Short- and midterm results of iliac artery stenting for flush occlusion with the assistance of an occlusive contralateral iliac artery balloon

Carlos F. Bechara, Neal R. Barshes, George Pisimisis, Jeffrey T. Bates, Peter H. Lin, Panagiotis Kougias

Research output: Contribution to journalArticle

2 Scopus citations

Abstract

Background Endovascular treatment of flush iliac artery occlusion remains a challenge and is most often performed using open surgery. We report the outcomes of 10 cases that were successfully recanalized endovascularly with the assistance of a contralateral occlusive balloon. Methods A retrospective review of patients undergoing iliac artery stenting was performed at a single institution. Technical success, short- and midterm patency, and 30-day complications are reported. Results Ten patients were identified. Technical success was 100% when a brachial approach was used. Retrograde recanalization was attempted in 3 cases. Reentry into the aorta could not be achieved in 1 case. The aorta was entered above the inferior mesenteric artery (IMA) in the other 2 cases, and the decision was made to attempt a brachial approach to avoid stenting above the IMA. There were no dissections or perforations. Two patients developed brachial access complications, but only 1 required operative repair for a pseudoaneurysm. Nine patients (90%) remained patent at a mean follow-up of 14.6 months (range 9-24 months). One patient presented 9 months later with iliac artery stent and lower extremity bypass thromboses, which resulted in an amputation. There were no deaths in this series. Conclusions Iliac stenting for flush iliac artery occlusion can be achieved with this technique with encouraging short- and midterm results and minimal morbidity.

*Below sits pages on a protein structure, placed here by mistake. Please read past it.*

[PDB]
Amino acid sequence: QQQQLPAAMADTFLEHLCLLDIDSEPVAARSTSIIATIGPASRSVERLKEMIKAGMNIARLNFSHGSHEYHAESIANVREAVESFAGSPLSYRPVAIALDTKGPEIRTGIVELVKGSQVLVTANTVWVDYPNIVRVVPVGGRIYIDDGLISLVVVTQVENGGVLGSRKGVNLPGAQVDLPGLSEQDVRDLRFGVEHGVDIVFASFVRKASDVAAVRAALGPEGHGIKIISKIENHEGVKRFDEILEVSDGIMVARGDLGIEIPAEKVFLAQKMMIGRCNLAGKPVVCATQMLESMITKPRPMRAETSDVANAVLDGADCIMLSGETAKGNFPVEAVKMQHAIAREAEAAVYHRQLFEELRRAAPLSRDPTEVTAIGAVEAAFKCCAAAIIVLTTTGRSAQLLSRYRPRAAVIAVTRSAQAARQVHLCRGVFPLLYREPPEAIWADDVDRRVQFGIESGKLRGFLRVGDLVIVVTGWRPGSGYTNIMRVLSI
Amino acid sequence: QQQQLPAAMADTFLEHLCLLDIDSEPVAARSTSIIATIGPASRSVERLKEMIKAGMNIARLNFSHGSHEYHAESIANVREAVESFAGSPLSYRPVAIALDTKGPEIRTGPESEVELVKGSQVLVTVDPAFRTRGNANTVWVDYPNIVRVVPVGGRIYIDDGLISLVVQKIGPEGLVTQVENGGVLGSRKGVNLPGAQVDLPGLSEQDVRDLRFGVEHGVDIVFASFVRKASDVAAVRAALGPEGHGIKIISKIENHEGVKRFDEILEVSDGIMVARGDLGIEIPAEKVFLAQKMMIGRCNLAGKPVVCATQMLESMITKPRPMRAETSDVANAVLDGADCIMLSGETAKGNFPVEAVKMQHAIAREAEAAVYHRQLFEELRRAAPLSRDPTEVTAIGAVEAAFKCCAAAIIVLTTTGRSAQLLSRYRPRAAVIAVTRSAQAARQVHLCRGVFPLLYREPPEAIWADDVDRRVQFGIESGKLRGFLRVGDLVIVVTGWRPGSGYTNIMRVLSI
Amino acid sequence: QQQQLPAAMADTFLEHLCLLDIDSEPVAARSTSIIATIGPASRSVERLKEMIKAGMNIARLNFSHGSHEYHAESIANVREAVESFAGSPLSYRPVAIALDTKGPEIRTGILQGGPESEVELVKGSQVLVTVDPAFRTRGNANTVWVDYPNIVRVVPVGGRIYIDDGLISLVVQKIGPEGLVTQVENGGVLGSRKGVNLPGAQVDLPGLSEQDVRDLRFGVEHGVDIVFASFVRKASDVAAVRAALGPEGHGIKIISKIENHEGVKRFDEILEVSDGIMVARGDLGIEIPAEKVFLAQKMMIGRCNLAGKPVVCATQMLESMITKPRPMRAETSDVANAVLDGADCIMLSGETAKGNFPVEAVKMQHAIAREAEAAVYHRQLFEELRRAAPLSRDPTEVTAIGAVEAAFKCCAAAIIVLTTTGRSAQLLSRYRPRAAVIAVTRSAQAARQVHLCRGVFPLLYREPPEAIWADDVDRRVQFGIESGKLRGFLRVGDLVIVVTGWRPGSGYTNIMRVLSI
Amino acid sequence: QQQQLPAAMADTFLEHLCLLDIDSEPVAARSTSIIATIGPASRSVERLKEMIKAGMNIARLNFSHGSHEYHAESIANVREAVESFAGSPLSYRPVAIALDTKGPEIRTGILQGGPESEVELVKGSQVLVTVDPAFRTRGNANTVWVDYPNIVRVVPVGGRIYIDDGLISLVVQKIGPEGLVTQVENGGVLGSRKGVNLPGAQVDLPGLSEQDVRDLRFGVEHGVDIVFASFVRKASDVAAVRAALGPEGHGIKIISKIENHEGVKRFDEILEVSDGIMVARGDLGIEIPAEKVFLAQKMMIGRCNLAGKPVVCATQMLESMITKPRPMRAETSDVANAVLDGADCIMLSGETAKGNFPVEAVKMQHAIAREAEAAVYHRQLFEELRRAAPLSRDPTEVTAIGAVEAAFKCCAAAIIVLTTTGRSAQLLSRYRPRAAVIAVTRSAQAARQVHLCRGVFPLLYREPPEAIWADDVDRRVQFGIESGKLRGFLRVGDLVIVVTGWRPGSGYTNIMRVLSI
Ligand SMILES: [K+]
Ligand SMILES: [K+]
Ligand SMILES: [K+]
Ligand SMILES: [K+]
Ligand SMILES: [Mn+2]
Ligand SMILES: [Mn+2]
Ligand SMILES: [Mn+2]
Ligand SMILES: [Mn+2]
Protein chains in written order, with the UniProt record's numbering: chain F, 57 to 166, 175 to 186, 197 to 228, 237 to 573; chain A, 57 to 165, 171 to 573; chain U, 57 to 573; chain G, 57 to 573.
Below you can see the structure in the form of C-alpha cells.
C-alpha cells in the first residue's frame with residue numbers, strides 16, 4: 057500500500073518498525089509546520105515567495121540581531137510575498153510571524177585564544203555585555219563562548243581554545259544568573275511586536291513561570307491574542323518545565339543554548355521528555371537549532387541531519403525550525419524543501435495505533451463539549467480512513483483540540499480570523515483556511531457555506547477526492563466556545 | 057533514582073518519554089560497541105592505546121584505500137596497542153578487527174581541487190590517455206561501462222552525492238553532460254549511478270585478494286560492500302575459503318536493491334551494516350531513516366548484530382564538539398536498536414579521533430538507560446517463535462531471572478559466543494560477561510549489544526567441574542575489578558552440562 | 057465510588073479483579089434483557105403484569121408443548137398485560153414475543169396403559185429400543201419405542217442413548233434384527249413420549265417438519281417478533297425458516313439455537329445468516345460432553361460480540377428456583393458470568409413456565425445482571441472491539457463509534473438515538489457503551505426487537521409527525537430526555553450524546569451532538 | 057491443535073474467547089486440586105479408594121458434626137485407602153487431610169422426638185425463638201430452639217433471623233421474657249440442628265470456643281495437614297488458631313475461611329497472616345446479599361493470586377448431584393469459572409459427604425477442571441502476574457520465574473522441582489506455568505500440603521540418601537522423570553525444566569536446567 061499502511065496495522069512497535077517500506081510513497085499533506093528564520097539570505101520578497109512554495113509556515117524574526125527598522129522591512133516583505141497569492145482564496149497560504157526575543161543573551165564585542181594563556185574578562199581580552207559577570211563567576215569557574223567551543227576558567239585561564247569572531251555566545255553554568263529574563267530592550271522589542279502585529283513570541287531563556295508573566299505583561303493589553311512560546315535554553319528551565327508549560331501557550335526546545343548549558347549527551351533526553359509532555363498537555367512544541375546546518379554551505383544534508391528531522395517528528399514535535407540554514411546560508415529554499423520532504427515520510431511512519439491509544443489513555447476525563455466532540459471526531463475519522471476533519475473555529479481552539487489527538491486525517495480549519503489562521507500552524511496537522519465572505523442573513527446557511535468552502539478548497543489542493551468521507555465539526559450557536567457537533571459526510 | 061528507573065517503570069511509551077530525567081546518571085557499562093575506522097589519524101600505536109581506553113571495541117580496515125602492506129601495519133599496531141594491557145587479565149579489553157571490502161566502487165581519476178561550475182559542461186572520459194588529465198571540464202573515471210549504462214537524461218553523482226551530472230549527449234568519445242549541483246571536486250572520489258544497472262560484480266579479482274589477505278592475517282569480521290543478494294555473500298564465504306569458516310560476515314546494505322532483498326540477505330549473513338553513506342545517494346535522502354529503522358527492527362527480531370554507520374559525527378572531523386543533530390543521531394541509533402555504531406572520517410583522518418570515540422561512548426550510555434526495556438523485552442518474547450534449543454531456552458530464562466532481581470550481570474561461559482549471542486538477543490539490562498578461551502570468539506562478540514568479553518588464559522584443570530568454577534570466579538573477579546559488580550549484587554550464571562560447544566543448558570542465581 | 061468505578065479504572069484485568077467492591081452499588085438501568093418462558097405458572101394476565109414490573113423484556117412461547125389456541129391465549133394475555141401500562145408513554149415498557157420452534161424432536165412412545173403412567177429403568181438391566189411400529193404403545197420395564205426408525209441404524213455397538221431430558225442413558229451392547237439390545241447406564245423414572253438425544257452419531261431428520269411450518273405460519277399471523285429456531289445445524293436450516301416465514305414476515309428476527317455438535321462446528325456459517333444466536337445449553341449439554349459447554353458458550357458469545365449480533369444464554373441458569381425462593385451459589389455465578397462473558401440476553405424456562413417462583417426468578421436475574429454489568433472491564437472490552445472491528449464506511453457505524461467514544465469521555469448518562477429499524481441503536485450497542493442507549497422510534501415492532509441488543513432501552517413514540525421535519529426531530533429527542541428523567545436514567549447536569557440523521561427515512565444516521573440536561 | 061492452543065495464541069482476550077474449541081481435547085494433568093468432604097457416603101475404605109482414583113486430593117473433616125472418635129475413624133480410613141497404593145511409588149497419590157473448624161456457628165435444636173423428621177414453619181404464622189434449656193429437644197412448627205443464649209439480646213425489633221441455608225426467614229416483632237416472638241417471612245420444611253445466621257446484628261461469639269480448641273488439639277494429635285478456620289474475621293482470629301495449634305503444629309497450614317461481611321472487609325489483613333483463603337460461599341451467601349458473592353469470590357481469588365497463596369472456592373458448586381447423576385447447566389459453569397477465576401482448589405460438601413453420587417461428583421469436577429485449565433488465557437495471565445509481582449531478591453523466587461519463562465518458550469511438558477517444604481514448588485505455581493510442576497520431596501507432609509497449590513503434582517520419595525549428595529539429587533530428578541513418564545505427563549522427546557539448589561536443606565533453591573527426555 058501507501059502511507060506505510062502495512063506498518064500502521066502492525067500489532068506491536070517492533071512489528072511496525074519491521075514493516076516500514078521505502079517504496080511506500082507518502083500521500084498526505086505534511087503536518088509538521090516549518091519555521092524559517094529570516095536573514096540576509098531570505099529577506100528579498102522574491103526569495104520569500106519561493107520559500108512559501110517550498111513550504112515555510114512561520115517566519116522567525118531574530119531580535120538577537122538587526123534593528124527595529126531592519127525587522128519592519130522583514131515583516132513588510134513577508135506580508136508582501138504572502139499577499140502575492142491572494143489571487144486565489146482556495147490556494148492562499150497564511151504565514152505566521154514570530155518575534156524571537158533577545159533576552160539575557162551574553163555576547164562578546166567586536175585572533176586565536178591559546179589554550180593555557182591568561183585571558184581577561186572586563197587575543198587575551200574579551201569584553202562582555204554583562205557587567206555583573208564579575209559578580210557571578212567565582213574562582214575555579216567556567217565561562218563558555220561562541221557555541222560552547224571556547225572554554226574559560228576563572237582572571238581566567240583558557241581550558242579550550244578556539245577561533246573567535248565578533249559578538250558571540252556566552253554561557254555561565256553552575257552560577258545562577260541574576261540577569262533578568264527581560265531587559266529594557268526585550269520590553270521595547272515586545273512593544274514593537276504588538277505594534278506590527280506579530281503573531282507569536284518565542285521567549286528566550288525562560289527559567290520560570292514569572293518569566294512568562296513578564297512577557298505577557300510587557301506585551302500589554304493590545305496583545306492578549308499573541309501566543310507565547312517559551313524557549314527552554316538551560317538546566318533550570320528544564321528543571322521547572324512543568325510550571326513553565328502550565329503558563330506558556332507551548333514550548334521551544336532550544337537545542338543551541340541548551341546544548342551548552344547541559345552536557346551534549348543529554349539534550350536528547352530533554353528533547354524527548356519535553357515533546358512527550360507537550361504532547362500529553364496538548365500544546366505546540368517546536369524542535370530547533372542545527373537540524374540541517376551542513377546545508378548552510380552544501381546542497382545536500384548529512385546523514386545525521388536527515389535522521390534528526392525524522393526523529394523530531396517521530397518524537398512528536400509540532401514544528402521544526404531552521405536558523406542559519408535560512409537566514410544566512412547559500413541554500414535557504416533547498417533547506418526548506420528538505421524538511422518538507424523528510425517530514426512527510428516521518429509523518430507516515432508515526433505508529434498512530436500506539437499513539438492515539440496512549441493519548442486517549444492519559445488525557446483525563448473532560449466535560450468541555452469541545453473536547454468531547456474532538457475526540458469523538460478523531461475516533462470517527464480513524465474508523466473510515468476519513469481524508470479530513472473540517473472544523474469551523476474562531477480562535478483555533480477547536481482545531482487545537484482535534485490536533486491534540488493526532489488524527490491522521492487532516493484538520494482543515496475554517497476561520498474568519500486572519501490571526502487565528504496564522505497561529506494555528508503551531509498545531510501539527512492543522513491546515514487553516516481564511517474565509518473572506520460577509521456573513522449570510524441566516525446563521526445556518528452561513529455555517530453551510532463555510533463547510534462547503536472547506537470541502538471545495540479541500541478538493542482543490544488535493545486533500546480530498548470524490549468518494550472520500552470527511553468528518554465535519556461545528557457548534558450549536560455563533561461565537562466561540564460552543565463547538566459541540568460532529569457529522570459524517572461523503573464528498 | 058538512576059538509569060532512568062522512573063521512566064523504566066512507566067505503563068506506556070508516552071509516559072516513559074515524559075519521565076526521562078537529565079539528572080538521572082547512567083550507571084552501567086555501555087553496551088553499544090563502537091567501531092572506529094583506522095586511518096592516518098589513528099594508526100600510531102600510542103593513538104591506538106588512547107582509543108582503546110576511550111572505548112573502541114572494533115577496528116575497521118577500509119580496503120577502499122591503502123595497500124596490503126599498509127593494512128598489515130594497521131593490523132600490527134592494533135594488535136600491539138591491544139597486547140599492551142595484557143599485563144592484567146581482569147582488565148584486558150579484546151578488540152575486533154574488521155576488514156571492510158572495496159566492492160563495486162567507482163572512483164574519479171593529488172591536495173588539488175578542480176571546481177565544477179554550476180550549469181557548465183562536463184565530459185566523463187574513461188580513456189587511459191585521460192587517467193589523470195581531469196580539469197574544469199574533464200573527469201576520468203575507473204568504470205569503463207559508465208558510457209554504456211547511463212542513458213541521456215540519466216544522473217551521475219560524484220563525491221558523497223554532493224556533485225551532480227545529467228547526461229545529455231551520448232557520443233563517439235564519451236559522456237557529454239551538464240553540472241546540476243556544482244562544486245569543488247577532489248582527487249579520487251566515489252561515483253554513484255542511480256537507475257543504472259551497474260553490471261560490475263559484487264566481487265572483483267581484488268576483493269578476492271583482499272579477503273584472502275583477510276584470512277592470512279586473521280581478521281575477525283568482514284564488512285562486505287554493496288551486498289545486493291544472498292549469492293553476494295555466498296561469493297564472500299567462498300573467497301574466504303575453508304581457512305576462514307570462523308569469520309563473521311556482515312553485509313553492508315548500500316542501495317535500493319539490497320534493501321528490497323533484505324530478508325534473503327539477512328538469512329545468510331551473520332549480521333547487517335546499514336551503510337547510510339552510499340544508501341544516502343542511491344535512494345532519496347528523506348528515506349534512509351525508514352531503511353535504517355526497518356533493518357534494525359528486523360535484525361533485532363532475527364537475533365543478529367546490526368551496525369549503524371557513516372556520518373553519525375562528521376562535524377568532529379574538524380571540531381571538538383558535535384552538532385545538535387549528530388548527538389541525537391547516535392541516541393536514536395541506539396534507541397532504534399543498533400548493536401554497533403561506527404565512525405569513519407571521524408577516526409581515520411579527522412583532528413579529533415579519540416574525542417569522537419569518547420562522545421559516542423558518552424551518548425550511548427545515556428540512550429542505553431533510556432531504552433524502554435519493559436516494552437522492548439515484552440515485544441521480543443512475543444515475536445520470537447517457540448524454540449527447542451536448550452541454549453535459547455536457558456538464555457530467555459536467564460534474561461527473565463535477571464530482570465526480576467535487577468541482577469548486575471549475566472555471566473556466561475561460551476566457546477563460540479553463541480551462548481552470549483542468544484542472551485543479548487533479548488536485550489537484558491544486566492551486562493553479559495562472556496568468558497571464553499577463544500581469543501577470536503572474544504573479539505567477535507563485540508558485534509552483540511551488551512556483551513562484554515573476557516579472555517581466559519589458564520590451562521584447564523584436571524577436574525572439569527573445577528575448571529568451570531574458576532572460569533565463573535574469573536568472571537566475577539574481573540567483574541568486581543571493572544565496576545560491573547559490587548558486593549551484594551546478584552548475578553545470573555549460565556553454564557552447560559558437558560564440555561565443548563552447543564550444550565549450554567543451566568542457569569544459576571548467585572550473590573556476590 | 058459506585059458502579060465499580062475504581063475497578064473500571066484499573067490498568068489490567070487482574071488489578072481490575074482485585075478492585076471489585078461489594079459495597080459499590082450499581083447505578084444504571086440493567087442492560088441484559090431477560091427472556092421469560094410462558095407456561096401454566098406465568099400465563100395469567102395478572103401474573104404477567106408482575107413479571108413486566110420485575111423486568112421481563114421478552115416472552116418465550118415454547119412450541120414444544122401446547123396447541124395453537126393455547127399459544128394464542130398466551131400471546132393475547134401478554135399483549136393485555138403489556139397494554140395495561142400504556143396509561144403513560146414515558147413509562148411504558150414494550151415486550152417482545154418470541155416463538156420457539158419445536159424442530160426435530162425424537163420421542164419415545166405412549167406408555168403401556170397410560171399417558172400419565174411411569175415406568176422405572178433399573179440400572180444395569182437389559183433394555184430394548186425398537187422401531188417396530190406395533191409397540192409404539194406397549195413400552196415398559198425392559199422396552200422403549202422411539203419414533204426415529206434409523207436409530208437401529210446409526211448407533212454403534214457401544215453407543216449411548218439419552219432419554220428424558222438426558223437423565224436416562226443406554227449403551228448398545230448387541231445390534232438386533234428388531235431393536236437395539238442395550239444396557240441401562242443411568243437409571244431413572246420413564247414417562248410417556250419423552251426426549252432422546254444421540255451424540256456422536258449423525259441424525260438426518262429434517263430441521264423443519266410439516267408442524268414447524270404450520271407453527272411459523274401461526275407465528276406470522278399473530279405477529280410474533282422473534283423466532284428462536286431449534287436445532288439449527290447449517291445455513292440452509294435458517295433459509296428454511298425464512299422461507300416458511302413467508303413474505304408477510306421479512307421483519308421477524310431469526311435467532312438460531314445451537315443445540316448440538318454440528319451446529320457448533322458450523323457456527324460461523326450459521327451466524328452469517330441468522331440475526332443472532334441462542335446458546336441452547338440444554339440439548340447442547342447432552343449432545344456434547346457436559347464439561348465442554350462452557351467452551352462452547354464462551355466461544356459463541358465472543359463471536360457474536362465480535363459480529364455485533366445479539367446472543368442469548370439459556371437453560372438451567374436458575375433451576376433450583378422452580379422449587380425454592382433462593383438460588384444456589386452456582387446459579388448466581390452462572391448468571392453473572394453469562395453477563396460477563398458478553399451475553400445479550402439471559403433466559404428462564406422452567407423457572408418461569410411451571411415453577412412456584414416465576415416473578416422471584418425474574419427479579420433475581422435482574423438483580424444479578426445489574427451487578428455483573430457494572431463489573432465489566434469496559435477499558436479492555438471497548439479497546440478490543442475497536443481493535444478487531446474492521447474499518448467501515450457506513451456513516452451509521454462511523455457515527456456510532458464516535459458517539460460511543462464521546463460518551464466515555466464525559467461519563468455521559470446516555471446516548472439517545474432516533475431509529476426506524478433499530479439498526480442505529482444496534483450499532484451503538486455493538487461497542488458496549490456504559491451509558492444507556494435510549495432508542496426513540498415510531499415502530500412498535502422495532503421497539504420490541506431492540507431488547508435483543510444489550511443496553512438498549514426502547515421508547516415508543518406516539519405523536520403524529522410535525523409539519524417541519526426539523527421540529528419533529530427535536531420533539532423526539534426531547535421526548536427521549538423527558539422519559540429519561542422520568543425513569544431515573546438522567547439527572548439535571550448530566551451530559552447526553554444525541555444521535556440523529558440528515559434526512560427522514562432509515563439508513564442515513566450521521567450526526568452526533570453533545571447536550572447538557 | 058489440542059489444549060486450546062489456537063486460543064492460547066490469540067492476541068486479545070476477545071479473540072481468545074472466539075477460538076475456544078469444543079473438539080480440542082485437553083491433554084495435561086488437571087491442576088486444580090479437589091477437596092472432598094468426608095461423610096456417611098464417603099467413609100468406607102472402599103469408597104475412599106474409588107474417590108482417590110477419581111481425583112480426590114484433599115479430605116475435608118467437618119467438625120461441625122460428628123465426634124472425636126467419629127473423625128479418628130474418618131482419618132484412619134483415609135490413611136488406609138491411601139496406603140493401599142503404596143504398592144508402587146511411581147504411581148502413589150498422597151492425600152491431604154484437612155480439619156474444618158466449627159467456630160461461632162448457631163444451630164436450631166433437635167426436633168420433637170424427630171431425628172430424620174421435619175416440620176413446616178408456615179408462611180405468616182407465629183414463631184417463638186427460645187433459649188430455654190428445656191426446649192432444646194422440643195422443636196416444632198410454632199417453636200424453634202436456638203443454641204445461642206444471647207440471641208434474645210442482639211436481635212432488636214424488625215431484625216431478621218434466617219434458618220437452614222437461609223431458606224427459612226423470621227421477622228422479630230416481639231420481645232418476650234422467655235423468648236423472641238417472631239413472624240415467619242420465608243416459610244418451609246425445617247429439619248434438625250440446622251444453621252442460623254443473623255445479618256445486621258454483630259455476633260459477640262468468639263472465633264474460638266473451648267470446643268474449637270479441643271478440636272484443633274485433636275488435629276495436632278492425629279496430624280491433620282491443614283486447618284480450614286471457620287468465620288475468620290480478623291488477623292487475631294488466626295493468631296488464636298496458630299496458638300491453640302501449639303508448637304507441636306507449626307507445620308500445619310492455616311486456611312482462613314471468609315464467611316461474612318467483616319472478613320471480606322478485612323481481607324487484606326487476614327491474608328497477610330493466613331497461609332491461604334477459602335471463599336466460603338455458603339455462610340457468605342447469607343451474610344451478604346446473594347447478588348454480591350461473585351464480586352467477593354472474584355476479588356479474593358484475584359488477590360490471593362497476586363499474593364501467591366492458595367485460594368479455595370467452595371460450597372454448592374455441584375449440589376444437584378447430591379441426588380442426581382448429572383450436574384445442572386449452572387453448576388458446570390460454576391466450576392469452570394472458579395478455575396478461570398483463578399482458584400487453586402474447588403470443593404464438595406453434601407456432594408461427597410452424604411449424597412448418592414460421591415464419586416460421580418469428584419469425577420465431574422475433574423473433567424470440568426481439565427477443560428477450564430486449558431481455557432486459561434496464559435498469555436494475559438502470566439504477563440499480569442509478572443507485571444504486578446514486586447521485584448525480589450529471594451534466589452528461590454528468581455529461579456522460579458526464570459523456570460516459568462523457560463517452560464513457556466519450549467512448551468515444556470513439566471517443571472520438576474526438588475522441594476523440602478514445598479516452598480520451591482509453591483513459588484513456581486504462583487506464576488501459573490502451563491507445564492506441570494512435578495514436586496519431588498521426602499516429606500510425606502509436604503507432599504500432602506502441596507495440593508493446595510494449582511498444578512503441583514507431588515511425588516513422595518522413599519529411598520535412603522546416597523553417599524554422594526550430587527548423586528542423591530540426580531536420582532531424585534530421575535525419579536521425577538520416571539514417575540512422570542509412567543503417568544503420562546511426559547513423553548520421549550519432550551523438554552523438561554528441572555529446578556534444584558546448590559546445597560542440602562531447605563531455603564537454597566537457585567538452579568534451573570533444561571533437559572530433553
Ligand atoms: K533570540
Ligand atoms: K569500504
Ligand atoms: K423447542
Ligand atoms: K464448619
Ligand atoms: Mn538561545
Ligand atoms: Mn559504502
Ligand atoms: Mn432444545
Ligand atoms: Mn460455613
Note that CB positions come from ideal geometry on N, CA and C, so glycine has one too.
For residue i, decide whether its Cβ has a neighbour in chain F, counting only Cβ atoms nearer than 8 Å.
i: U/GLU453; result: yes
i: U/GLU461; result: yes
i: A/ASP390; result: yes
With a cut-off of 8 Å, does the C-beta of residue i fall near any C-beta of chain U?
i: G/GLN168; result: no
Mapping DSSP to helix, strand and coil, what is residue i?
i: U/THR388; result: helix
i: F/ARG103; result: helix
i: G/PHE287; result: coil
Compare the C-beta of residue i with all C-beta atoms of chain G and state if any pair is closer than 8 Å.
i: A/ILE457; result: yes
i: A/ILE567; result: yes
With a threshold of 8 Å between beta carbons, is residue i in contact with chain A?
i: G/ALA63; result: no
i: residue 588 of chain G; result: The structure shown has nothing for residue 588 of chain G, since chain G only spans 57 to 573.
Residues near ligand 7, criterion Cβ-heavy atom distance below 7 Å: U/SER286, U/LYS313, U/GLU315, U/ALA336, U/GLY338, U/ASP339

Original languageEnglish (US)
Pages (from-to)59-64
Number of pages6
JournalAnnals of Vascular Surgery
Volume28
Issue number1
DOIs
StatePublished - Jan 2014

ASJC Scopus subject areas

  • Surgery
  • Cardiology and Cardiovascular Medicine

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